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Barkley reflects on 12 months of injury hell, and starting over at Chelsea under Sarri

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In an interview with Goal’s Nizaar Kinsella, the 24-year-old midfielder sets a strong intention for the season ahead

Chelsea FC v Perth Glory Photo by Albert Perez/Getty Images

When Chelsea acquired Ross Barkley in the January transfer window, paying £15m for an injured player, many of us asked the same question: But...why?

Barkley’s move to Chelsea six months prior had fallen through on deadline day for whatever reason, but he had spent the intervening time injured or in recovery. Understandably, he wasn’t quite ready to play, struggled to get up to speed and to terms with Conte’s system and he ended up featuring only 4 times. It looked like he was little more than an opportunistic bargain for a broken midfielder, which did not pan out as Chelsea may have imagined it would (see also: Marko Marin).

But now, under a new coach with an attacking philosophy of play, and more importantly, seemingly fully healthy for the first time in a year, Barkley is back to trying to live up to his potential from his early Everton days. He isn’t necessarily excelling yet, but is showing some promising signs.

The 24-year old recently sat down with Goal’s Chelsea correspondent, Nizaar Kinsella, to reflect on the past and talk about his ambitions for the future.

“I arrived with a long-term injury, I have done everything I could perfectly. I felt strong towards the end of the season and then I went off in the off-season, worked hard, came back and all the hard work I did last season - I didn’t play many games because of a few niggles and that long-term injury - I feel really good now and I know the hard work will pay off.

“I relaxed for a couple of weeks, just rest, then worked hard with the strength and conditioning coach. A lot of running, a lot of ball work and just getting my body right for the season.

“Yes, [the injury] was tough. You know, with the type of injury that I had you do get little niggles. I had a few little injuries from recovering and getting used to working hard and getting my body right again. But I didn’t see it as a waste of time, from the time that I joined in January because I got my body feeling better than it has ever felt before.

“I feel like I have been here for a long time now and I get on well with all the lads. During the off-season I just got myself really fit just to give myself a head start. When you have got a new manager you have got to impress and get used to what he wants really quickly. That has been my approach.”

It’s good to hear that Barkley’s finally beginning to settle in at Chelsea and that he’s been able to turn a rather dark period in his still young career into something he can draw positives from. This is the kind of attitude players should always try and aspire to, but the midfielder really does seem to have come back stronger, both physically and mentally.

Barkley also went into a bit of detail about where he sees his future in Maurizio Sarri’s set-up, where freedom reigns and “suffering” is a thing of the past.

“[I want] to keep learning, the new manager obviously has a different style of play to our previous manager. There will be freedom because you have three men in the midfield. Going forward, getting close to the box, having shots, trying to create, obviously we have to be disciplined and organised without the ball.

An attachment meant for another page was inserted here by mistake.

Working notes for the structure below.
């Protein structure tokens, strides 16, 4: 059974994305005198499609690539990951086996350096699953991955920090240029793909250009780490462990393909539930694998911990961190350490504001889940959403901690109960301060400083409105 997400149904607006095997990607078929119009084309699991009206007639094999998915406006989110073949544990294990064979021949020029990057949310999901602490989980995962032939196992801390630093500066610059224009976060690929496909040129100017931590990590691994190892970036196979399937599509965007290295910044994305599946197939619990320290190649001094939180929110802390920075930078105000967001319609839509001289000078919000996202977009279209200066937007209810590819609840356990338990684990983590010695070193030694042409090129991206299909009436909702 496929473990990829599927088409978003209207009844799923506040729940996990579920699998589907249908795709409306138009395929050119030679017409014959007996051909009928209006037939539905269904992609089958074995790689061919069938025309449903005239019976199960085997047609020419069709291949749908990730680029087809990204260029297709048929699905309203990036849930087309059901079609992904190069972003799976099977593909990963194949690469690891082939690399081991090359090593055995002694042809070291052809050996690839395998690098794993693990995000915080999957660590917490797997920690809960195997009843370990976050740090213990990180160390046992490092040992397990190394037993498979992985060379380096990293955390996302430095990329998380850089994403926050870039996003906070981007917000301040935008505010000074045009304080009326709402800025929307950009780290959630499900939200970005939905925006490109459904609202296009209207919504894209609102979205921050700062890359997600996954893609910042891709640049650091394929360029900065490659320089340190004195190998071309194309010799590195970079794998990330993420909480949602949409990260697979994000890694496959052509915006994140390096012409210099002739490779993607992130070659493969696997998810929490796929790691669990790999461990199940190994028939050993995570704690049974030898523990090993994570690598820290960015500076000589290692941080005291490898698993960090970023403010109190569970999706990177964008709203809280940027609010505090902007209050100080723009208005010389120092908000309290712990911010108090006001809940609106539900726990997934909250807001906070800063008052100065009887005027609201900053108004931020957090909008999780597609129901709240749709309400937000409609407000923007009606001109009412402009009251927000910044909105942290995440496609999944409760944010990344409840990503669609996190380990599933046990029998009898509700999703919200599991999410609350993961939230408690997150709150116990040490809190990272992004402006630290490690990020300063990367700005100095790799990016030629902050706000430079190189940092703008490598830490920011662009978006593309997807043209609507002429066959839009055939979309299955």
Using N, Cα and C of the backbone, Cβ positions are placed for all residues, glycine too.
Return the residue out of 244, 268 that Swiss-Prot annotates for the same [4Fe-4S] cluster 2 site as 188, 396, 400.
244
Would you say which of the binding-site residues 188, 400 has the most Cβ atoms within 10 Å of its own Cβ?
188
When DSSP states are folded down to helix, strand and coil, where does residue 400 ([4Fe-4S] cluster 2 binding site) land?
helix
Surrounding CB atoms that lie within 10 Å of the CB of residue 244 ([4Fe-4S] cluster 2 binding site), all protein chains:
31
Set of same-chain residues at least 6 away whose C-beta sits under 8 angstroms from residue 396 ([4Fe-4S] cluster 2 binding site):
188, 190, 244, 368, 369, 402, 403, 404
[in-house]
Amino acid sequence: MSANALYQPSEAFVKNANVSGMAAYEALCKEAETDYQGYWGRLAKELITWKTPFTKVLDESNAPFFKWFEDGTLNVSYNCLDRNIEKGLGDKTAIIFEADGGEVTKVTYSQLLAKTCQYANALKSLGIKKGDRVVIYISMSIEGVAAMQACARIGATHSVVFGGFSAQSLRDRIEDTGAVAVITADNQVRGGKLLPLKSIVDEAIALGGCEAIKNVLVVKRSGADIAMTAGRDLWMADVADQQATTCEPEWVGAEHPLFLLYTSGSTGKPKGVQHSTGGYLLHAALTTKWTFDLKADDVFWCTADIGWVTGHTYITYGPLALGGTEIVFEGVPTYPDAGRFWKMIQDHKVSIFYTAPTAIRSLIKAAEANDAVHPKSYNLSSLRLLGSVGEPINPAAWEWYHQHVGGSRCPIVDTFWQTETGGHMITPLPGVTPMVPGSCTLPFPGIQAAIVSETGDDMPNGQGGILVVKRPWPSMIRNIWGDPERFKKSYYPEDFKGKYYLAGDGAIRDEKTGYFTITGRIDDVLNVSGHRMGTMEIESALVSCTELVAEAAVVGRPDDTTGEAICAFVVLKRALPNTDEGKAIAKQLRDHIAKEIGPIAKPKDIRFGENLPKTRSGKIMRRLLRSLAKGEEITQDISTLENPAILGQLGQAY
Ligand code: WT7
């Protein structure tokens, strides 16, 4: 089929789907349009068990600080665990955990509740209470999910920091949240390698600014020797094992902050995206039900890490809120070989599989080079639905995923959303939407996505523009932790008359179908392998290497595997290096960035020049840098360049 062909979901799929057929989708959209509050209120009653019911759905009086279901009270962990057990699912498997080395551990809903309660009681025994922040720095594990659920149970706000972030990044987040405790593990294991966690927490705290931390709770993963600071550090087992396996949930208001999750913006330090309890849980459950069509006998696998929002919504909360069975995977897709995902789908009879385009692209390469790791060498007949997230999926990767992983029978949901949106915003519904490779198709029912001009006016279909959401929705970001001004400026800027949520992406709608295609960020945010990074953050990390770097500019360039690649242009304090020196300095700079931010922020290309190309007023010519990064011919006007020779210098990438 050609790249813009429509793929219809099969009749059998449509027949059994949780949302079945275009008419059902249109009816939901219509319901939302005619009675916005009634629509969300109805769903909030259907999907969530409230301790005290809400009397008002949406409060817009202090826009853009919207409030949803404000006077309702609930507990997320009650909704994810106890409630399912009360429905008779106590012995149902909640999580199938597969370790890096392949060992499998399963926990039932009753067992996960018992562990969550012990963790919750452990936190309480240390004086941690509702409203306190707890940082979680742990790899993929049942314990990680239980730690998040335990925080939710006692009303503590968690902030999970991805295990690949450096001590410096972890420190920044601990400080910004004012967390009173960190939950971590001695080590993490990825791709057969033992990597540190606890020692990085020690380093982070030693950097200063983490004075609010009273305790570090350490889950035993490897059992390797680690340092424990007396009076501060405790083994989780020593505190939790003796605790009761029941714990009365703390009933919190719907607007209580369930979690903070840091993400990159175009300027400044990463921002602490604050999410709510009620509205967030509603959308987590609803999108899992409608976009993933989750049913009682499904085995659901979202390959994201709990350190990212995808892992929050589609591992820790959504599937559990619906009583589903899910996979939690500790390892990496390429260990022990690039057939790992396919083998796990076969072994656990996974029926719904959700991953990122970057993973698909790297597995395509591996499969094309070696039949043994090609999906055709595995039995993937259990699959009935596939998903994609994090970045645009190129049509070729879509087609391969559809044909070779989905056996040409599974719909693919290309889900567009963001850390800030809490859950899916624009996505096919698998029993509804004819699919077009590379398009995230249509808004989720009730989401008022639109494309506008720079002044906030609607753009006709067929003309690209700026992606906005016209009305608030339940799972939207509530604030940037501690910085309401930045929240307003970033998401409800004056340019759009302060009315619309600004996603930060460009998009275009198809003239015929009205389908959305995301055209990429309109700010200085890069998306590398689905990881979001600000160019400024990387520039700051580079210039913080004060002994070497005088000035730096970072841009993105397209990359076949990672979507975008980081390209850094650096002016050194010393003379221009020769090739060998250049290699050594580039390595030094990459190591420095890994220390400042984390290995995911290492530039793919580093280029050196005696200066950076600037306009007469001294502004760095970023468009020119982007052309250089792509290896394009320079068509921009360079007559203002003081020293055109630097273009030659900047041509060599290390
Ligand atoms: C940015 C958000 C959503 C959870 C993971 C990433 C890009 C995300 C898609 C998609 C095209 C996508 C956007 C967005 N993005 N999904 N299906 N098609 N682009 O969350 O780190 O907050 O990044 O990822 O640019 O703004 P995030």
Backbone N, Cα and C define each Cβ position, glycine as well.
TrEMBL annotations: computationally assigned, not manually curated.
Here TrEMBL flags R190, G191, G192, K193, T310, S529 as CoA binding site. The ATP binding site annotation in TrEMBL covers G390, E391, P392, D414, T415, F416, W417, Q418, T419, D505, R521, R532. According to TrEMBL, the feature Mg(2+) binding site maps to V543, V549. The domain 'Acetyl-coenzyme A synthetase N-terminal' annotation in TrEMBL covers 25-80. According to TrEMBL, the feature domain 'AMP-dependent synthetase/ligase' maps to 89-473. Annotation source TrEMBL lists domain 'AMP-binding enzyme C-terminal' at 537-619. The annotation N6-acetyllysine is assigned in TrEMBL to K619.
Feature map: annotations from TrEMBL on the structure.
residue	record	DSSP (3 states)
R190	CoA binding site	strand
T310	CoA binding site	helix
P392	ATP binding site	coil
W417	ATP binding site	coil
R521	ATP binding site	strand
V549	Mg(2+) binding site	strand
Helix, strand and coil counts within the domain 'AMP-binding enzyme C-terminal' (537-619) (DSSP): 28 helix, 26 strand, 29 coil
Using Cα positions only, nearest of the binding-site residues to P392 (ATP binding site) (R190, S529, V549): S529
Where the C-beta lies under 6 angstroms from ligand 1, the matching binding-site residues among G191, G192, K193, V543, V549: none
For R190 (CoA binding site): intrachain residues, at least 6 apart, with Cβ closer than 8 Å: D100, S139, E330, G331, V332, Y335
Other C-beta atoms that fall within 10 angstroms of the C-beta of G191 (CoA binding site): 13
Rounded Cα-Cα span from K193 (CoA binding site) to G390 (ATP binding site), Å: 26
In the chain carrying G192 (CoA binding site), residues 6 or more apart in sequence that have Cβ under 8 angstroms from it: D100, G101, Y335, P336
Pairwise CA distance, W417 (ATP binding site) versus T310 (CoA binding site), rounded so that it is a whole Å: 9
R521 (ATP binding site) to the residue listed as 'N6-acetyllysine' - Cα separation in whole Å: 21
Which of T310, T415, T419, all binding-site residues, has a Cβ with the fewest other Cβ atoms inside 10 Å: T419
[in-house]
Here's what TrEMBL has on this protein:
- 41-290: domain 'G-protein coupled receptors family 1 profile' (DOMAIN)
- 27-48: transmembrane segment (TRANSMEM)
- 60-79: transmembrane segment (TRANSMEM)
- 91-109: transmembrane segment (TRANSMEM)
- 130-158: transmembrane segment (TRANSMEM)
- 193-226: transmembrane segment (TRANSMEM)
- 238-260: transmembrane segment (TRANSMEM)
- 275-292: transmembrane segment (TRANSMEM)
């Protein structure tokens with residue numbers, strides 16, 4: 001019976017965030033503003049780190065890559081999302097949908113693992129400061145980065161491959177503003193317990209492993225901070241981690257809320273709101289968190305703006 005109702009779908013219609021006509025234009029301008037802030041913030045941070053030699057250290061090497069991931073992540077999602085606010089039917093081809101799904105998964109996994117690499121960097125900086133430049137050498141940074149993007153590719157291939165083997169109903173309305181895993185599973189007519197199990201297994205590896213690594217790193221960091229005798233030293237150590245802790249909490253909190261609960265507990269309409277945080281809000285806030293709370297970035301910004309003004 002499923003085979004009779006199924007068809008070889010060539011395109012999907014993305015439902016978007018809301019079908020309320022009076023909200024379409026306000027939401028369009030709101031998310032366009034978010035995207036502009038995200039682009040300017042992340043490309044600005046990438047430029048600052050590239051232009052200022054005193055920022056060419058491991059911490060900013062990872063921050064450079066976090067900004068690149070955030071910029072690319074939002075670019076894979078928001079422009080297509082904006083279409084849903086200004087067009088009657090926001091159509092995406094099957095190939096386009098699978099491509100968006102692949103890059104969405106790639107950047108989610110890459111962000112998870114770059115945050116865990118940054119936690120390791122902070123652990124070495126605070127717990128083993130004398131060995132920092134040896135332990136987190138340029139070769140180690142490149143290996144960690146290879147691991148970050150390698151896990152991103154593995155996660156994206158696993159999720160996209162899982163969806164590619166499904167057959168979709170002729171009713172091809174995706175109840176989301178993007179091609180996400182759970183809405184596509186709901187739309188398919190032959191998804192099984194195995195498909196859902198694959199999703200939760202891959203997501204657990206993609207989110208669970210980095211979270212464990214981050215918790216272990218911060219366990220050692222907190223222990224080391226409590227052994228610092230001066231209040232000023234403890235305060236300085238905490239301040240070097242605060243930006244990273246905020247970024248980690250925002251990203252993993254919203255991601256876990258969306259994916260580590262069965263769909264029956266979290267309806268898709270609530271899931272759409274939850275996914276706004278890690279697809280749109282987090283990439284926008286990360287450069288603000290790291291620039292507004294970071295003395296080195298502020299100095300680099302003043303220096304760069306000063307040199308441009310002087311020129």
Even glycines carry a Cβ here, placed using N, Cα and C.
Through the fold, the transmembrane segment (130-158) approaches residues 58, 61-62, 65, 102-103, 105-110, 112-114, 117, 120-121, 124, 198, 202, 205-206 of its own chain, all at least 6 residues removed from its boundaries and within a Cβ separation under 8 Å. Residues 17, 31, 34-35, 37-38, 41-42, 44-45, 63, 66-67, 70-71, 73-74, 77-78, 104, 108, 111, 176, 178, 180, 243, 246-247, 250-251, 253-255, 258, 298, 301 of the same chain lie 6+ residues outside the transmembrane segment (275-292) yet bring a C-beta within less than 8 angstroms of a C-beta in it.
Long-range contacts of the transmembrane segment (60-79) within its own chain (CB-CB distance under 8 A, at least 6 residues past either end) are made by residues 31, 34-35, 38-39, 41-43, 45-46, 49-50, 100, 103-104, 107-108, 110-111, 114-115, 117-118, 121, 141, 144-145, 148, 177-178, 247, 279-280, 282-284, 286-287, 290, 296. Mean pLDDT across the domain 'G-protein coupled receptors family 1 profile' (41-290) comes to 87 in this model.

(Ed.note: so there is still a bit of suffering...)

“Being well drilled, it’s a new style and we are all learning day-by-day. Every day just taking all the information from the manager, Gianfranco Zola as well, step by step getting a lot of game time. Scoring goals, creating goals, towards the end of the season there will hopefully be a prize at the end with a trophy or a couple of trophies.

“We will see how it goes, but one step at a time, I’m hoping to start the season really strong.”

Strong words and intention from Ross The Boss; words that I hope he follows up with suitable action. On a side note, it’s also great to see another player explicitly naming Gianfranco Zola as a great mentor, as the Chelsea legend seems to be flourishing in his role as source of insight and support for the players.

Lastly, Barkley was also asked about England’s run in this year’s World Cup, a competition that he had once hoped he could join as well following his Chelsea move. Obviously that didn’t quite work out, but he’s not given up hope in earning a spot with the Three Lions in the future. Again, Barkley says all the right things here, and that’s never a bad thing.

“To earn a regular spot at Chelsea is my main focus. If I do well at Chelsea, then the national team will take care of itself. Chelsea is a massive club, you aim to win the Premier League or are challenging for trophies with the aim to win everything.

It will take care of itself if you keep producing the goods on the pitch, so I am focusing on what I can do for my club right now, but one of my goals is to get back in the England set up and to keep progressing. I am working day-by-day, giving it my all and I am ready to kick on this season.”

-Ross Barkley; source: Goal.com

Nicely said, Ross Barkley.

Or should I say, John Cena?

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